Even when a Man (such as Jesus Christ) becomes a full-god, at a level with God - it will always be within that creation which (historically, in-time) was-made by God; and continues to be-made by God, by Jesus Christ, and by that-which-is-god in our-selves.
How would you apply this way of seeing things in the context of the opening verses of John:
"In the beginning was the Word. And the Word was with God. And the Word was God. The same [the Word = Jesus, or at least the Son prior to his taken on human form] was in the beginning with God. All things were made by Him, and without Him was not anything made that was made. ... And the Word became flesh and dwelt among us."
Would the answer be that the Word is an essence or principle that is uncreated and existing prior to creation but that it only inhabited Jesus the man upon, say, his baptism? Or that "the beginning" spoken of here is in fact the point at which Jesus took on divinity, which marked the beginning of creation in the sense of man being able to become god? Or some other interpretation.
(I know that you tend not to get bogged down in verse by verse thinking, and also that your theology is not limited by the dogmas and interpretations imposed upon Christendom by the early church counsels, so perhaps my line of questioning is simply beside the point in your schema. And to be clear: I'm not playing gotcha about ancient heresies or anything like that; I am legitimately interested in understanding how you might interpret these points.)
@Daniel - I am unsure as to the theological meaning of the opening verses of the Fourth Gospel. My guess is that eth passage is essentially poetic (wonderful poetry!), but I am not confident that it is structurally a part of the original Gospel. I has a qualitatively different feel from the main part of the Gospel, seems (in so far as it is substantive) to be making different - and metaphysical - points of a nature and which are not reprised or re-explained elsewhere in the Gospel - and, in sum I think it may have been added later by someone else. But - whatever the first verses 'mean' they cannot be taken to contradict the main Fourth Gospel - which is clear, and repeats its main points.
Thank you, Bruce.
Bruce, I’m not sure how often you delve back into older post comments, but thought I would give it a shot. I came across this post trying to learn more about your view on how humanity qualitatively changes over time (it came up in one of your comments on a recent post about voting being a litmus test).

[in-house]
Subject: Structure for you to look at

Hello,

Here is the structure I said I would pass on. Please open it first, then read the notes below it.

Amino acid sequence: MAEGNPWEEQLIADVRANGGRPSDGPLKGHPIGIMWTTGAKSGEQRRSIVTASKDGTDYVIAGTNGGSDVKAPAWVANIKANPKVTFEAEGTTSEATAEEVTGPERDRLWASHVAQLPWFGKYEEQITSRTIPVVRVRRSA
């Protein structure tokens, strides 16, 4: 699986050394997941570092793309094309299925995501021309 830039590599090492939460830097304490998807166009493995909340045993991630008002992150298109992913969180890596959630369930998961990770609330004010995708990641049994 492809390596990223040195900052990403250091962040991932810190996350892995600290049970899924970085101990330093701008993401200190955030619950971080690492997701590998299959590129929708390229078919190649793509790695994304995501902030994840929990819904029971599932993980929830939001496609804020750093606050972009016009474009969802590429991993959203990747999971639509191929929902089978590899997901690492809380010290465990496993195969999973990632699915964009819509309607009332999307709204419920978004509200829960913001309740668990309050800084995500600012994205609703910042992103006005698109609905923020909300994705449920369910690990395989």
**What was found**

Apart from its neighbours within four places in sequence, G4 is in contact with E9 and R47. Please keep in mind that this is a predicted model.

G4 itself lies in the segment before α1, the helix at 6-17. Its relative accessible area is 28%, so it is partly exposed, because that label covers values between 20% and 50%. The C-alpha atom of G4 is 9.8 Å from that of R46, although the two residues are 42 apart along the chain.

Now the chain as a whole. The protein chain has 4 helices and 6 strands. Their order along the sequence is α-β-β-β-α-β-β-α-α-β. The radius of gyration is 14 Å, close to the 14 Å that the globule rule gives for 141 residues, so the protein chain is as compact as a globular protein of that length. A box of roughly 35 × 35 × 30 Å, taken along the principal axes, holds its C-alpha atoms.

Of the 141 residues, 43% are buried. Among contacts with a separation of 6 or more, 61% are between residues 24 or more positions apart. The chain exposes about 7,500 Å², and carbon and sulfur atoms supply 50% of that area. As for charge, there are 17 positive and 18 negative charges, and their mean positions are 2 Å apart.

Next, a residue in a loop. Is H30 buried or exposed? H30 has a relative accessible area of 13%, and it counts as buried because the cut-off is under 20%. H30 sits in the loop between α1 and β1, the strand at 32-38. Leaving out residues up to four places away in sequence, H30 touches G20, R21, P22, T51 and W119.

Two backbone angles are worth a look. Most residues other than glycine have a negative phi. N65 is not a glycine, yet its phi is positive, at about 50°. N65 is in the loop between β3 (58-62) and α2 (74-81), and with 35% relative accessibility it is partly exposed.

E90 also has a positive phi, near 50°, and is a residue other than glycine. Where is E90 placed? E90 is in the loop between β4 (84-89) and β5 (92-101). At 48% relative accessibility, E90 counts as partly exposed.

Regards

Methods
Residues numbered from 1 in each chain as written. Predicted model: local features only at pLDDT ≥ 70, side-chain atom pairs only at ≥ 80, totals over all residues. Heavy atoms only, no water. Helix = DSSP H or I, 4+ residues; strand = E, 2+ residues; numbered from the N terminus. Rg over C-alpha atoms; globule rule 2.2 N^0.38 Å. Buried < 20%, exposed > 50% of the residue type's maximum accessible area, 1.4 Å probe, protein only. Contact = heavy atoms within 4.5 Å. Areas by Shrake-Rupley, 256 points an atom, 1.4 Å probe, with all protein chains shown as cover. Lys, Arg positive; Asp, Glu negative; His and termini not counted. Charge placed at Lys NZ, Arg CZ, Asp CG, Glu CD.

I would be very curious to see you revisit some of these passages in John, or at least flesh out what exactly you mean regarding the inconsistency between the prologue and the body of the gospel of John. Certainly, the language of the prologue is slightly different in its register than the bulk of the gospel, and the same tone comes up at the end of John 3 where Jesus is speaking with Nicodemus. As a result, critics are divided as to when, precisely, Jesus’s quotation ends and the narrator picks up (before or after the famous John 3:16?).
Despite this difference in register, the claims of the narrator and the claims of Jesus in, e.g. his extended discourse with the disciples in chapters 14-16, and again in his prayer in ch 17, do not seem to be materially at odds. The kinds of claims Jesus makes (before Abraham was, I am; I and the father are one; etc.) seem to fit well with the word who was before Jesus the man was born. Add to this the very consistent documentary history of the document (where spurious additions such as in John 7 with the woman caught in adultery) are well known, and I find it difficult to see what the difficulty is with the classic christological reading of John 1. I would like to understand better, since I am convinced you are right *that* it is Jesus who has overcome or rendered obsolete the immanence/transcendence distinction. I’m not sure I see why the prologue must be spurious though (of course, the evangelist is the one who put the prologue before the story, not Jesus himself, so in that sense I can see what you are saying). I think it’s right to say that in Jesus both humanity and God’s entire mode of relating to humanity are forever different, and living as if the Old Testament could be straightforwardly determinative of what God asks of man in this age would be anachronistic and sadly mistaken. The source of the revelation is good, but the context has changed (the original point I was seeking further detail on from your blog).
That is a point from this blog post that I think is worth emphasizing, that with the advent of Christ the world was fundamentally altered, never to return to the way it was. There is a reason history is divided into two parts (and not at Easter, mind you!).
Did you see this?
" the word who was before Jesus the man was born. "
My understanding is that *All* Men, including Jesus, lived pre-mortally as spirits; before we were incarnated. What was different about Jesus was (presumably) that his will, motivation etc was wholly in harmony with that of God the creator. This complete harmony translates in double-negative theology as that Jesus had "no sin".
Thus Jesus could become a primary creator, fully divine, even while a mortal Man. And this was what made Jesus able to be the One who shows other mortal Men the path through resurrection to eternal life - other Men can be guided-by (as was Lazarus) and/or follow Jesus on this path.
Post a Comment